SXSWi 2009 – Part 2

Wisdom of Crowds – Derek Powazek gave this presentation on a very interesting phenomenon. The idea is that even though people may not get something right individually, collectively they get much closer to the truth. Like the guessing game with the jar of jelly beans at the fair. No one guesses exactly right, but the average of all the guesses gets pretty close. This is something I think people are going to be paying a lot of attention to in the coming years. It’s pretty valuable info if you know how to gather it. Well done, Derek.

Start Small, Stay Small – This panel was about starting your own business or going full time free-lance and how to address the new challenges you’ll face. Jeffrey Zeldman moderated the panel and gave great insights along with rest of the group as to how you make this difficult move work. Remember to charge what your worth. Ask for a budget. Don’t overbook yourself.

Turning Wine into Gold – Vay.ner.chuk. Gary is always a ball of energy and this was no exception. It is pretty difficult to not be inspired by his totally in-your-face, tell-it-like-it-is style. He drove home his key points once again: Don’t try to be me, be you. Play the game. Make good stuff. Win. Go find the video on WLTV, it is a must see. Quote: “If you live for weekends and vacation, your sh** is broken.” (Translation: If you hate your job so much that weekends are the best part, that needs to be fixed.)

Presenting Straight to the Brain – I took 2 pages of notes in this session, and I am not much of a note person. First of all, best presentation I have EVER seen. Four panelists, all experts on presenting offered tons of practical suggestions for making great presentations. Don’t make people read and listen to you, it doesn’t work. Forget the bullet points, go for the interesting visual to drive the points home diagrams and images. Focus on how to better the audience with your information, rather than how to make a good presentation. These guys rocked:
Jared Goralnick, Cliff Atkinson, Craig Ball, Kathy Sierra.

Quitter – How to quit your day job and work for yourself. I already do this, but I got a lot of good info out of this session on how to make the most out of working for yourself. One thing that really stuck out to me was when one of the panelists said that letting your email rule your productivity was like letting other people put stuff on your to-do list without asking you. That is so messed up, yet true! Quote:”We’re gonna start taking questions from the audience, but don’t say your name if you’re asking how to quit your day job.”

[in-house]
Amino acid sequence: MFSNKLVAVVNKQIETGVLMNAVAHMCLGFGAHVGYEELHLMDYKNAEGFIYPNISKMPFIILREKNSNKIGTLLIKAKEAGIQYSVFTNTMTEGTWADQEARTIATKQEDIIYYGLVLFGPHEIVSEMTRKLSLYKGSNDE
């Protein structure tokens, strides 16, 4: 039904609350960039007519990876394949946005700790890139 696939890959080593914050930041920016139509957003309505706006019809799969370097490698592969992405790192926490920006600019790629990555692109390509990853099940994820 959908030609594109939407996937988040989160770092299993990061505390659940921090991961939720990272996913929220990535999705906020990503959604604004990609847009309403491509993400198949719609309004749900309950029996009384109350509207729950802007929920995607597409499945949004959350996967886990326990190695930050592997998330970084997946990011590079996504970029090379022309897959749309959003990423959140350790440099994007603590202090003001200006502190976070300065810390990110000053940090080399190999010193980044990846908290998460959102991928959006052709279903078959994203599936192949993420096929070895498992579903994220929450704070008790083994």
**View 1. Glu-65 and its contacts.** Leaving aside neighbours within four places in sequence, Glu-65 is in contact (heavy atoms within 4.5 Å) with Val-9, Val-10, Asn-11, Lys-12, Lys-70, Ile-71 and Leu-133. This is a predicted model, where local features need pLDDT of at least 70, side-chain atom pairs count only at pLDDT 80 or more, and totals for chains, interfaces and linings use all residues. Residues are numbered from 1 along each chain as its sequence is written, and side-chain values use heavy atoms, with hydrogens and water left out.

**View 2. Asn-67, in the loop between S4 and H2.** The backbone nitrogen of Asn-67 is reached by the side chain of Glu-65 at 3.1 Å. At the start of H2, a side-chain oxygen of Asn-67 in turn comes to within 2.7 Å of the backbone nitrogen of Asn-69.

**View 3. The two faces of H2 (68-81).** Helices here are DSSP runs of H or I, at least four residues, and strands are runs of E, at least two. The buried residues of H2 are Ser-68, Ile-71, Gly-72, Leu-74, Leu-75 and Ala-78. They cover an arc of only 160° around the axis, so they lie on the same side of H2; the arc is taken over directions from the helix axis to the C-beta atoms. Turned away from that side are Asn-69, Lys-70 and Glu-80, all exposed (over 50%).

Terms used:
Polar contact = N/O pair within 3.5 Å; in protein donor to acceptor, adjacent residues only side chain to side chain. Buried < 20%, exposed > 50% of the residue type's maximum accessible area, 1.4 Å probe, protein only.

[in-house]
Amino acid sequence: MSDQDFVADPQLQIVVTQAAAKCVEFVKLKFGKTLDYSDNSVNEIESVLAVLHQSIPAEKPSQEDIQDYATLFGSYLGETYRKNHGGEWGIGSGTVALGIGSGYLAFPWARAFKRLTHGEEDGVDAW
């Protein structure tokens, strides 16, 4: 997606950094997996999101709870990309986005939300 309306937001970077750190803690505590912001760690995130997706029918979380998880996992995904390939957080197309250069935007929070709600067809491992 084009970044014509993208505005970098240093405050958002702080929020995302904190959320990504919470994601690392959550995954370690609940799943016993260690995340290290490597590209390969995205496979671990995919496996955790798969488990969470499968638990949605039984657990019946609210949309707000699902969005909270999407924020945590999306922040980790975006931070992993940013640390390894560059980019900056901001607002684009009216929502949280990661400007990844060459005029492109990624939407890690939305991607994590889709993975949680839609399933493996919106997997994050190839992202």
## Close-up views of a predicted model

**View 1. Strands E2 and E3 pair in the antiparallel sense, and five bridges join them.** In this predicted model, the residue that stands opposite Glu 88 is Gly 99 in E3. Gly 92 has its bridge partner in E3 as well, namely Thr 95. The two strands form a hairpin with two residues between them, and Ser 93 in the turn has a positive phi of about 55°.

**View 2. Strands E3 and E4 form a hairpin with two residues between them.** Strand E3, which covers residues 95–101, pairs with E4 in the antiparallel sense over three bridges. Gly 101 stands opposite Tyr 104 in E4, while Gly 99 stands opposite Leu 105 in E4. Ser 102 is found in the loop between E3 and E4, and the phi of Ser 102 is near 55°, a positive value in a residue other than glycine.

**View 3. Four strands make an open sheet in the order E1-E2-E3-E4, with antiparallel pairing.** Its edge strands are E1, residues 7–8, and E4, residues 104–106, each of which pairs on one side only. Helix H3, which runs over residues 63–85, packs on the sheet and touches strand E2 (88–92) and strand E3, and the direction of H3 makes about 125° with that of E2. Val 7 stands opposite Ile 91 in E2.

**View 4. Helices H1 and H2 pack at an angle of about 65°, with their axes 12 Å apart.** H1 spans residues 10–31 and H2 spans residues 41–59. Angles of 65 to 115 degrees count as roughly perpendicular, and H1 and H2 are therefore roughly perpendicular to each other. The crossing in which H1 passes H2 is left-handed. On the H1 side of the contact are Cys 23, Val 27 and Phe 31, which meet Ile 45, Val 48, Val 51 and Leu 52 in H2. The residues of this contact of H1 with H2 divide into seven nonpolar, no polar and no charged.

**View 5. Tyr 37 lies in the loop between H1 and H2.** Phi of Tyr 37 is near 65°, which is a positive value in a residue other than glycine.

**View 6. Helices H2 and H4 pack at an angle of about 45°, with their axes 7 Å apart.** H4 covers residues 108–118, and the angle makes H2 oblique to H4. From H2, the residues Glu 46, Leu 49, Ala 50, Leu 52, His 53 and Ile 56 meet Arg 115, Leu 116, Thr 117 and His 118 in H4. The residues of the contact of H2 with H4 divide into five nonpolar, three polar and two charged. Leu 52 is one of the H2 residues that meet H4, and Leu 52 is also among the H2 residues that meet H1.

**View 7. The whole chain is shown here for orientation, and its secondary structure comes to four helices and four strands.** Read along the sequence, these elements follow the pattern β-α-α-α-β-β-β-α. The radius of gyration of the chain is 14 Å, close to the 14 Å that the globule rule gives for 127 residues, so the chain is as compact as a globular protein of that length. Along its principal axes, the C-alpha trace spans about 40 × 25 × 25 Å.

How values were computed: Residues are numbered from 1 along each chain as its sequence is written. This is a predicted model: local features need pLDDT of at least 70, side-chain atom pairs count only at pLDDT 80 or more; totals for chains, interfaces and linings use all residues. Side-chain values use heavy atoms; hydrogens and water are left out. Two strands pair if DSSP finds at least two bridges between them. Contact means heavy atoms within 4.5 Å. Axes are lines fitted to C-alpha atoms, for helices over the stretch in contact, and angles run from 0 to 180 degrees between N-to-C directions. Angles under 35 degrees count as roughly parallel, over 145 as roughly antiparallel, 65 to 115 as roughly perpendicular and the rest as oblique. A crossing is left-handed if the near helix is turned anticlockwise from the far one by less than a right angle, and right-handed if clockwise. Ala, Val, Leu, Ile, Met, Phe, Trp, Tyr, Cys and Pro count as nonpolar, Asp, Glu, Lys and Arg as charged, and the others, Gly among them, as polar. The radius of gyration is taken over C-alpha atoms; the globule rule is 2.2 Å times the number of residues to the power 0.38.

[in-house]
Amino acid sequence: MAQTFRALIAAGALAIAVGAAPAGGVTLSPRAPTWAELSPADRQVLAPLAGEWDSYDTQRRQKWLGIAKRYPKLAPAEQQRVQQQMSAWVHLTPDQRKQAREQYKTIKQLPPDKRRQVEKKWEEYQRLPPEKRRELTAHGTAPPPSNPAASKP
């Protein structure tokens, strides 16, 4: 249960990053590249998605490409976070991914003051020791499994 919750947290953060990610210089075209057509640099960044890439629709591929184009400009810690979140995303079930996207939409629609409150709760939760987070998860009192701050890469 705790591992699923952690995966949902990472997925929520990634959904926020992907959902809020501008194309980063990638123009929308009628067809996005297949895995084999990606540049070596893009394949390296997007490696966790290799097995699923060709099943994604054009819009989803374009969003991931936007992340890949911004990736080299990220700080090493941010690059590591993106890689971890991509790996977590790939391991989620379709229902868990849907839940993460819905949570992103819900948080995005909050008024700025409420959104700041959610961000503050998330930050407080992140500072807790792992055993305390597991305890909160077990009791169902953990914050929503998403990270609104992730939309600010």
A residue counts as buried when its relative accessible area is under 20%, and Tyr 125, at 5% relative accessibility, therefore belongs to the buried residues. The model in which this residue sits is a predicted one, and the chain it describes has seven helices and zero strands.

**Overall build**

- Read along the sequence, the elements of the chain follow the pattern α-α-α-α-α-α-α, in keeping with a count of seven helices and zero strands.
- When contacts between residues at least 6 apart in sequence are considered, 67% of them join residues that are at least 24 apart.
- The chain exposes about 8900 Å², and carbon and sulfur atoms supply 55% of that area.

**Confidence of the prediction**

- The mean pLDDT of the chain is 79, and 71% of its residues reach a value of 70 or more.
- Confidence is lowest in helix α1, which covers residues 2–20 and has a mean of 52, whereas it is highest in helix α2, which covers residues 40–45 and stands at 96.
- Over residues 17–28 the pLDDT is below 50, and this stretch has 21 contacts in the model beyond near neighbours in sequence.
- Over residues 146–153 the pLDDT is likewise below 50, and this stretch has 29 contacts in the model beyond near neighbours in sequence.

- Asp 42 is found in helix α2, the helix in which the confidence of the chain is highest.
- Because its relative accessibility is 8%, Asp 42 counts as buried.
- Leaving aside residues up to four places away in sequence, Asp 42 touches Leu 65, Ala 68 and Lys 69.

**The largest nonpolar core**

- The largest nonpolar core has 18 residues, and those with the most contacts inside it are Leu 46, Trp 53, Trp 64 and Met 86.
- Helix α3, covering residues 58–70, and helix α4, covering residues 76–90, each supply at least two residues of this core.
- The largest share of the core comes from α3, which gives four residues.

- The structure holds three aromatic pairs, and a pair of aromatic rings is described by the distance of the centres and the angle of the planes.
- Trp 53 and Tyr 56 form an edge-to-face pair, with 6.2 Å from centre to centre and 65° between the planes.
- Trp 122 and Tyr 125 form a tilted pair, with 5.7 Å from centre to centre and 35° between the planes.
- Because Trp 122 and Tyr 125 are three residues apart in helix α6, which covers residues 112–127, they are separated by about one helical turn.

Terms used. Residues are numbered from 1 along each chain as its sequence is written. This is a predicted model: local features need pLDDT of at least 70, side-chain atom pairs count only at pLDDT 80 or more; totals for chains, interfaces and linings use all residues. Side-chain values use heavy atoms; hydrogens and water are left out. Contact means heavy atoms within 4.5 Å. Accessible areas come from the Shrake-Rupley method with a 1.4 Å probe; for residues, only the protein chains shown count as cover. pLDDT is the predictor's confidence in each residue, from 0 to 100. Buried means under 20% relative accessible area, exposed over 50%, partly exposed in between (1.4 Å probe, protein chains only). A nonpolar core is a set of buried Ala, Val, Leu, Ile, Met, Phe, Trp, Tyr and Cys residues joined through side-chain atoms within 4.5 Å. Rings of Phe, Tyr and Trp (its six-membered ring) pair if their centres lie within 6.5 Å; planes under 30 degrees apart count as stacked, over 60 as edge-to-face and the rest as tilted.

SXSW = a good break from the norm, lots of great information, tons of smart people. Love it.

SXSWi 2009 – Part 1

Well, we survived another SXSW! I love going to conventions or retreats because they give you an opportunity to sit back and try to learn something that is going to help you in everyday life. It’s kind of like going to school, but without the homework and with a much more practical application.

The other thing that struck me while I was there is that I really love hanging out with, talking to and listening to really freaking smart people. I went to a few sessions that I figured probably wouldn’t apply to me, but I went because I appreciated the presenters. Not a disappointment in the bunch.

So here are some of the highlights:

Tips for Making Ideas Happen – Some great info here from the Behance team who have been researching productivity. Make sure to separate reference items from action items in some way. Hold “standing” (on-your-feet) meetings to get through things quickly. Quote: “Ideas don’t happen because they are great.”

Tips and Tricks for Adobe CS4 – This guy was awesome and highlighted some cool new features in CS4. My 2 faves were the mask panel and adjustments panel in Photoshop. Quote: “My title is ‘Product Evangelist for the Adobe Creative Suite’. Did you hear me say ‘Tech Support’?”

Is Spec Work Evil? – This was pretty much a designer brawl. I was waiting for the t-squares and Xacto’s to come out. Basically, the panel (which included the ever-so-famous David Carson) took opposing sides as to whether designers should work for spec (work for free and hope someone pays you) and are sites like crowdspring.com cheapening the value of graphic design? Being a designer, this one hit pretty close to home and while I understand that spec work has a function in the marketplace, I don’t do it. Merc and I have also had many discussions about what separates and amateur designer from a pro and as the industry goes, not much. You don’t have to go to school, you don’t have to pass a test, you just need a copy of Photoshop Elements. Yuk. Quote: “I disagree with this notion that endlessly tinkering around and sketching out funny little logos, makes you a better designer.”

To be con’t…